2. Katz, Marcus. Secrets of the Waite-Smith Tarot: The True Story of the World’s Most Popular Tarot: With Previously Unseen Photography & Text from Waite & Smith.

Dragonlance Tarot: Fantasies and Archetypes, part 1

I was thinking one day about the effects of story upon our lives.  In today’s era it’s difficult to find good examples of heroism and honor, humility, and what power really is.  As a young man I had some good people in my life that were examples of how people should act…but I was probing why I feel the way I do about deeper issues of faith, community, religion, education, and honor.  Being over forty, I was even more curious about why things from my youth are still with me, why interests that I had and why stories I enjoyed way back when still live with me on a daily basis.

One of the ways by which I think about stories is through the lens of Tarot (Runes as well, but modern man is more easily definable via the Tarot). The Tarot path holds many lessons and the archetypes found within it arise from history and fiction, religion and humanism, esotericism and exotericism and therefore Tarot encapsulates the whole of modern western culture. Once one is familiar with the symbolism of the Tarot it can be placed like a transparent layer over any story or experience in order to pull out nuances of subtle wisdom.

not the Dragonlance Tarot
not the Dragonlance Tarot

This post is about me creating a Tarot deck from the Dragonlance series – Which I did, and which is a physical deck that I currently own and conduct readings with.  It was born out of me wanting to personally define the importance of it’s characters in my life and why this fictional world (among others) continues to be one that I think about.  It is a world of moral questions, of gods and dragons, knights and wizards…I’ll admit I don’t read much (or any) of it these days, but I believe that like any loved story in ones past it still influences me to this day.

I am refraining from posting images of the deck, simply because I wouldn’t want them to be copied, printed, and sold (I have included a snapshot from an online reading done for a client).  But I thought I would share some thoughts on the cards I chose and what changes I made.  Unlike my Star Wars Tarot which was constructed from already published playing card decks, the Dragonlance Tarot is a cobbled together deck from well known Dragonlance images. Creating a Tarot deck is an interesting task, it was a process of growth that forced me to examine these stories with a new eye.  rather than just being entertained by these stories I was  looking below the surface, probing the motivations of characters, wondering why the authors built the world the way they did, why it functions the way it does.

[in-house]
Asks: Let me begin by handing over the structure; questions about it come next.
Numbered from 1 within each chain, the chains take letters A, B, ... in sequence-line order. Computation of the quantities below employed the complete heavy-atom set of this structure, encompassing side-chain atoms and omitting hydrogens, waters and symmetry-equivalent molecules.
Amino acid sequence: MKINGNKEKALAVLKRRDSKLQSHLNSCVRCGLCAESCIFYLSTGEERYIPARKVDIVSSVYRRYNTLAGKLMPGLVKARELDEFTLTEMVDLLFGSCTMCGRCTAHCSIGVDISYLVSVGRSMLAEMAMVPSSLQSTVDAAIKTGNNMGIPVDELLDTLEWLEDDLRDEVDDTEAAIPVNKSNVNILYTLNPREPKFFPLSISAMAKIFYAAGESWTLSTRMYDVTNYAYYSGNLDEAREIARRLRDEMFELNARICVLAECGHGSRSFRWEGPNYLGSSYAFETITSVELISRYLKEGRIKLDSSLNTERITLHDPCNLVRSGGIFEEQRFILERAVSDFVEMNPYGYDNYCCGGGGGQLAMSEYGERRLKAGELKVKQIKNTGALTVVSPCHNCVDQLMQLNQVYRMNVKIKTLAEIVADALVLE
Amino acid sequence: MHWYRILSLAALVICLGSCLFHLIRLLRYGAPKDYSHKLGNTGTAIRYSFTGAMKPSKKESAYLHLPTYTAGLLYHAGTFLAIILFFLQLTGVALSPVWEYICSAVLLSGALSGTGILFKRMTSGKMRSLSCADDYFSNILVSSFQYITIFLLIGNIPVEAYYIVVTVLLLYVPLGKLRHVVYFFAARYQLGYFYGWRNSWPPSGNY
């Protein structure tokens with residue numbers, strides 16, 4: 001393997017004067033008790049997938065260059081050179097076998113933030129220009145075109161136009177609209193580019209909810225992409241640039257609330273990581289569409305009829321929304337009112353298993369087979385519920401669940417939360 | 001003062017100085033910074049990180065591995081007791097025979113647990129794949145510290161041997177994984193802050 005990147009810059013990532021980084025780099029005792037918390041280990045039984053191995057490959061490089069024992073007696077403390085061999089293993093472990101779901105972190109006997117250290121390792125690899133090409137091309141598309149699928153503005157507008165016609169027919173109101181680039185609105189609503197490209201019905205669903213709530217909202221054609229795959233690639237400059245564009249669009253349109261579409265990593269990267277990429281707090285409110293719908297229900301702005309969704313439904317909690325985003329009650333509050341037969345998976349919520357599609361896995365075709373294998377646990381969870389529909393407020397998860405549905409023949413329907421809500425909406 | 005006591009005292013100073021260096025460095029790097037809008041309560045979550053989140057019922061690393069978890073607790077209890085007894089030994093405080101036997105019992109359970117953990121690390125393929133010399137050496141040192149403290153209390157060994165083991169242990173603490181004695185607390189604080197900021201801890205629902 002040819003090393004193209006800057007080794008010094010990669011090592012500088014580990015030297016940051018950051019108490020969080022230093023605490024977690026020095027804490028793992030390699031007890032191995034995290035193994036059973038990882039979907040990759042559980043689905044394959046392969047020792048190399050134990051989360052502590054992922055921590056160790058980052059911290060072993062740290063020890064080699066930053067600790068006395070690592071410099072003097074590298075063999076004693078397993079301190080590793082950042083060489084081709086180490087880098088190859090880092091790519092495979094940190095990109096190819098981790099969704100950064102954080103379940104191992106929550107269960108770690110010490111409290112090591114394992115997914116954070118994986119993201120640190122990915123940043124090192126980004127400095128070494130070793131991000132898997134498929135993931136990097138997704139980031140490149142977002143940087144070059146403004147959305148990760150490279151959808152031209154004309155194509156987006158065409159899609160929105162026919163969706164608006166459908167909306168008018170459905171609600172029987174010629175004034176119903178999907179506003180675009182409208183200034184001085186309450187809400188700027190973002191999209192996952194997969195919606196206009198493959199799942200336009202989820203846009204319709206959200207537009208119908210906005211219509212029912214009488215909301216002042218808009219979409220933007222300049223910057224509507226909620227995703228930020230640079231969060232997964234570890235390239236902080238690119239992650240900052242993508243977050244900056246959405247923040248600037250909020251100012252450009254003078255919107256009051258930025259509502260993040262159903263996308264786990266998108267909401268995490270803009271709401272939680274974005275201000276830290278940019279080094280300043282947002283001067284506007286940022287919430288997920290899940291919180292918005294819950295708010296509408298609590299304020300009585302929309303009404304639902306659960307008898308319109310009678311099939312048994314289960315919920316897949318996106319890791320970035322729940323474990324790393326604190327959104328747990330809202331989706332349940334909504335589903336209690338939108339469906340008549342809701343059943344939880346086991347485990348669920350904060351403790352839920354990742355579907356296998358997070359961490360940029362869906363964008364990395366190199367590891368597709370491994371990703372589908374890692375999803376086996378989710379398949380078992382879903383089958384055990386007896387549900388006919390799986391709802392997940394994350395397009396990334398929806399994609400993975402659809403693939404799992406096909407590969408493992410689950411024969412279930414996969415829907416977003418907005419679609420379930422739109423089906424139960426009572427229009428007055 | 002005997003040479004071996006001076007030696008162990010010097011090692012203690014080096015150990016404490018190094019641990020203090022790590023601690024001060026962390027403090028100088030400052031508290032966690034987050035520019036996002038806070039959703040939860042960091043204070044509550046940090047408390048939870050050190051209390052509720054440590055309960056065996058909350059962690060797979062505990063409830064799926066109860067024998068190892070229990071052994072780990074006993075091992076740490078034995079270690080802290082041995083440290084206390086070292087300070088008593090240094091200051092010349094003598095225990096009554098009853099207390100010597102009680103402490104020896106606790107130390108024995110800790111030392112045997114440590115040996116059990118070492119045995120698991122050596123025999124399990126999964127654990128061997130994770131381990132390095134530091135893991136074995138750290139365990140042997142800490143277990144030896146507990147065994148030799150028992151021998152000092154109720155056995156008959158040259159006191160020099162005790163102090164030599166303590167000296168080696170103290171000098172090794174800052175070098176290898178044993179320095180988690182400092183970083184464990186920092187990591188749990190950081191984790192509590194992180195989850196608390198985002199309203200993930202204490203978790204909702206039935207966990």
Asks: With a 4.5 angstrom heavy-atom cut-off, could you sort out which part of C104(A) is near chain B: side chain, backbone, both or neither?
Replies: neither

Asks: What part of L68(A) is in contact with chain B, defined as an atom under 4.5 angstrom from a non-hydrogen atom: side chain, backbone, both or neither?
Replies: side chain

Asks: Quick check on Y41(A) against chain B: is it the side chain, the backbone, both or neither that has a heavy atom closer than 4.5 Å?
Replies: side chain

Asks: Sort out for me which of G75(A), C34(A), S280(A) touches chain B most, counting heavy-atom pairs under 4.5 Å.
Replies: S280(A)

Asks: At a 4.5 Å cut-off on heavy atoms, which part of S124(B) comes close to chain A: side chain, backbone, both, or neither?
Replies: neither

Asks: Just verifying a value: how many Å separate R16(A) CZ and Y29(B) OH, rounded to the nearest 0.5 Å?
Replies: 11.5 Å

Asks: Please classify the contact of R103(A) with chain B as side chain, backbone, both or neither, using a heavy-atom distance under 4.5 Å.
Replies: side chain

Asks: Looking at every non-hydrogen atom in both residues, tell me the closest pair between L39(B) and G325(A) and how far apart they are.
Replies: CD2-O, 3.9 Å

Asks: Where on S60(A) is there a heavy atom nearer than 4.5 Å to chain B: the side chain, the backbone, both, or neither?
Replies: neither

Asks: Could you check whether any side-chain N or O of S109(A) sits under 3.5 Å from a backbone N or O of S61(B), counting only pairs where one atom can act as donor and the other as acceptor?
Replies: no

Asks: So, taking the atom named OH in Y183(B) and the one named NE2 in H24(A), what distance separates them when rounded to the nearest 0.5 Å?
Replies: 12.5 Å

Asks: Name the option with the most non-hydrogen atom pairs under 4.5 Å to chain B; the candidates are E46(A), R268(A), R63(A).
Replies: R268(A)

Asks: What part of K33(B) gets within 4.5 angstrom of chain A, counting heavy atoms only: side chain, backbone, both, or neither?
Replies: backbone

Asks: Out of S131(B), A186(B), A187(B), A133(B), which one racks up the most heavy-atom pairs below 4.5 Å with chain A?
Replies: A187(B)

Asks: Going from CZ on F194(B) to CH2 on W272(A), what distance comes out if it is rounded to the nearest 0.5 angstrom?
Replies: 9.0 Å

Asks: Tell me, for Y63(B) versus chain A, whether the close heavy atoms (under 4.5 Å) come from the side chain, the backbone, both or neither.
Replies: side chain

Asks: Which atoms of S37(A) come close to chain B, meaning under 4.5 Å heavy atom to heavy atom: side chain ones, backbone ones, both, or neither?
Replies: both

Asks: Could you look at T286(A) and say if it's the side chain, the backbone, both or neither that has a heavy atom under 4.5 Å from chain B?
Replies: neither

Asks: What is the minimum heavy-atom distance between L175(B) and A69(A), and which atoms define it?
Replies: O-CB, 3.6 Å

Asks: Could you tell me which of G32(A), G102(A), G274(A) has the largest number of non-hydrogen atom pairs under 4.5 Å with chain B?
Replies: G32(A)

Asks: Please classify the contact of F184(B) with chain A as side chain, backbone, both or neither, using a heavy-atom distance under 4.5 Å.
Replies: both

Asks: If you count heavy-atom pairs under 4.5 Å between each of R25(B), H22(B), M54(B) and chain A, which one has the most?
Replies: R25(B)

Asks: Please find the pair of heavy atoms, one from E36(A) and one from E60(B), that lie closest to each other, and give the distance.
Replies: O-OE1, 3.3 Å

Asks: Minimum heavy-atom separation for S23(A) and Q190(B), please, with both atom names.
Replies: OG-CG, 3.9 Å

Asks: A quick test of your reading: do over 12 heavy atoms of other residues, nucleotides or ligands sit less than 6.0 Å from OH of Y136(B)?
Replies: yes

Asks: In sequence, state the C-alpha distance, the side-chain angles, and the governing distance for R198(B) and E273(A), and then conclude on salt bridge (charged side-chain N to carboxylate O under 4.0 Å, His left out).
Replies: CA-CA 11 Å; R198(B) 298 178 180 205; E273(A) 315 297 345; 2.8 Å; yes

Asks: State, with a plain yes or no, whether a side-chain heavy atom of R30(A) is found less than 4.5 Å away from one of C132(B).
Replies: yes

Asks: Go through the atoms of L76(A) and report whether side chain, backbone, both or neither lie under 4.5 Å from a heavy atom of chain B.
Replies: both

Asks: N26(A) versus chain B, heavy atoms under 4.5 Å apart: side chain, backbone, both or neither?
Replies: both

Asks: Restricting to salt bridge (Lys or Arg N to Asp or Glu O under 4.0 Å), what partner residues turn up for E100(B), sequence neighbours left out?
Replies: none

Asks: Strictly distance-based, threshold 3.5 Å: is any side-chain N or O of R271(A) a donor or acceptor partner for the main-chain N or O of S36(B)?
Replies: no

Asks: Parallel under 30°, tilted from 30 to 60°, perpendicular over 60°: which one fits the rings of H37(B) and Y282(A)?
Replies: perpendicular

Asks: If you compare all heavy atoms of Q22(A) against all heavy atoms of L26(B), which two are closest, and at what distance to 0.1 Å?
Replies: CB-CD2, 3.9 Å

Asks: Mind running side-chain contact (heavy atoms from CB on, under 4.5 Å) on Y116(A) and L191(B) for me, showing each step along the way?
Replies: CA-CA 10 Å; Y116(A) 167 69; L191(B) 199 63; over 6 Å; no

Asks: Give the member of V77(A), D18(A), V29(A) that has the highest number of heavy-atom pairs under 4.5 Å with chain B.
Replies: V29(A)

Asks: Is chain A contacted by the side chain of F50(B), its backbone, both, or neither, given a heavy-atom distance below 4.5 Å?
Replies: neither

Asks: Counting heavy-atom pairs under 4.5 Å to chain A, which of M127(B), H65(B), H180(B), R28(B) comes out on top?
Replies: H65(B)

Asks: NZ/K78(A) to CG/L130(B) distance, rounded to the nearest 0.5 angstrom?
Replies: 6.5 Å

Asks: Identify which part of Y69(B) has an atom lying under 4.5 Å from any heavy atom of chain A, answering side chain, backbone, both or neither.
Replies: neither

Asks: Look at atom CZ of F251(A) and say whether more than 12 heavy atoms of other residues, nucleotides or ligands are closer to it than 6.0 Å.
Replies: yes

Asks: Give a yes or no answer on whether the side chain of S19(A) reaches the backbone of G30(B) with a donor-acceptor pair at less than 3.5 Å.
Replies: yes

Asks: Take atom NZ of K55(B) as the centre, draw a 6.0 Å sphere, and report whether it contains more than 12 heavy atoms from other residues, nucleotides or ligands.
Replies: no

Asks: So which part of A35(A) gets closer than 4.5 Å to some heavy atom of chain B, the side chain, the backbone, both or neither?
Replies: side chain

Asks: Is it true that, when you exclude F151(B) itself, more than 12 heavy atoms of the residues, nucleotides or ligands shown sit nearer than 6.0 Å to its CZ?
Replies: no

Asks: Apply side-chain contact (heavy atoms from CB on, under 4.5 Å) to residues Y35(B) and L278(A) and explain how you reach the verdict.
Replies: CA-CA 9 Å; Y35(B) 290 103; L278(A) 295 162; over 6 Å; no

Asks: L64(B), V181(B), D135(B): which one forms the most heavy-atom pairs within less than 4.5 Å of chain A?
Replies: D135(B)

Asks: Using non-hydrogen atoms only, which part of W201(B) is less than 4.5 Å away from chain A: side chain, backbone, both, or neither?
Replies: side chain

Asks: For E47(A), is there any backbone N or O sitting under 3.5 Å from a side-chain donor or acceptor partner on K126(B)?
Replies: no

Lance deck in use
Lance deck in use

It is a complete set of Tarot, 78 cards. It uses only well known Dragonlance images and novel cover art, but for the Moon and Sun cards. The Minor Arcana, the pips, are not images, but like older decks are merely numbered.

The cards:  Lances = Wands and the courts are represented by Heroes.  Orbs = Cups and are represented by wizards and clerics; Swords = Swords and represented by knights; Pentacles = Discs and represented by Dragons.

Court Cards:  Lances = King is Tanis, Queen is Laurana, Knight is Gilthas, Page is Gerard;  Orbs = King is Dalamar, Queen = Crysania, Knight= Palin, Page= Elistan;  Swords = King is Sturm, Queen is Kitiara, Knight is Steele, Page is Mina;  Discs = King is Aurican, Queen is Malys, Knight is Skie, Page is Chaos dragon/draconian.

Major Arcana: 0 = Tas, 1= Raistlin, 2= Goldmoon, 3 = Heart/Silvara/Humas Tomb, 4= Huma, 5= Flint, 6=Caramon and Tika, 7= Citadel, 8= Kerianseray, 9=Porthios, 10= Stars of Krynn, 11= Cataclysm, 12= Kerrick, 13= soth, 14= Caramon, 15= Takhisis, 16= High Clerists tower, 17=Lost Citadel, 18=Tower of Moon/Takaluras, 19= Tower of the Sun/Qualinost, 20= Kingpriest, 21= Inn of the Last Home/Solace.

If you’ve read my Star Wars tarot posts you know that I go into some detail about why certain cards were used.  Being that this deck is so unique I th0ught I’d do the same.

Highlights of the Major Arcana:

the Fool: Tasslehoff Burrfoot is the Fool.  He exemplifies the idea of Wanderlust (as does the Fool), moving before thinking just for the sake of the experience and new adventure.  He is also changed by his voyages and perhaps in the end the most wise of all the archetypes.  Is the Fool the beginning of wisdom or the end result of life’s adventures?

the Magician: Raistlin.   The Magician doesn’t necessarily have to be a good character but merely one who understands power and the elements by which power is attained/accomplished.  Raistlin here is depicted in his study within the Tower of High Sorcery in Palanthas, ready to delve deeper into the mysteries of existence and magic.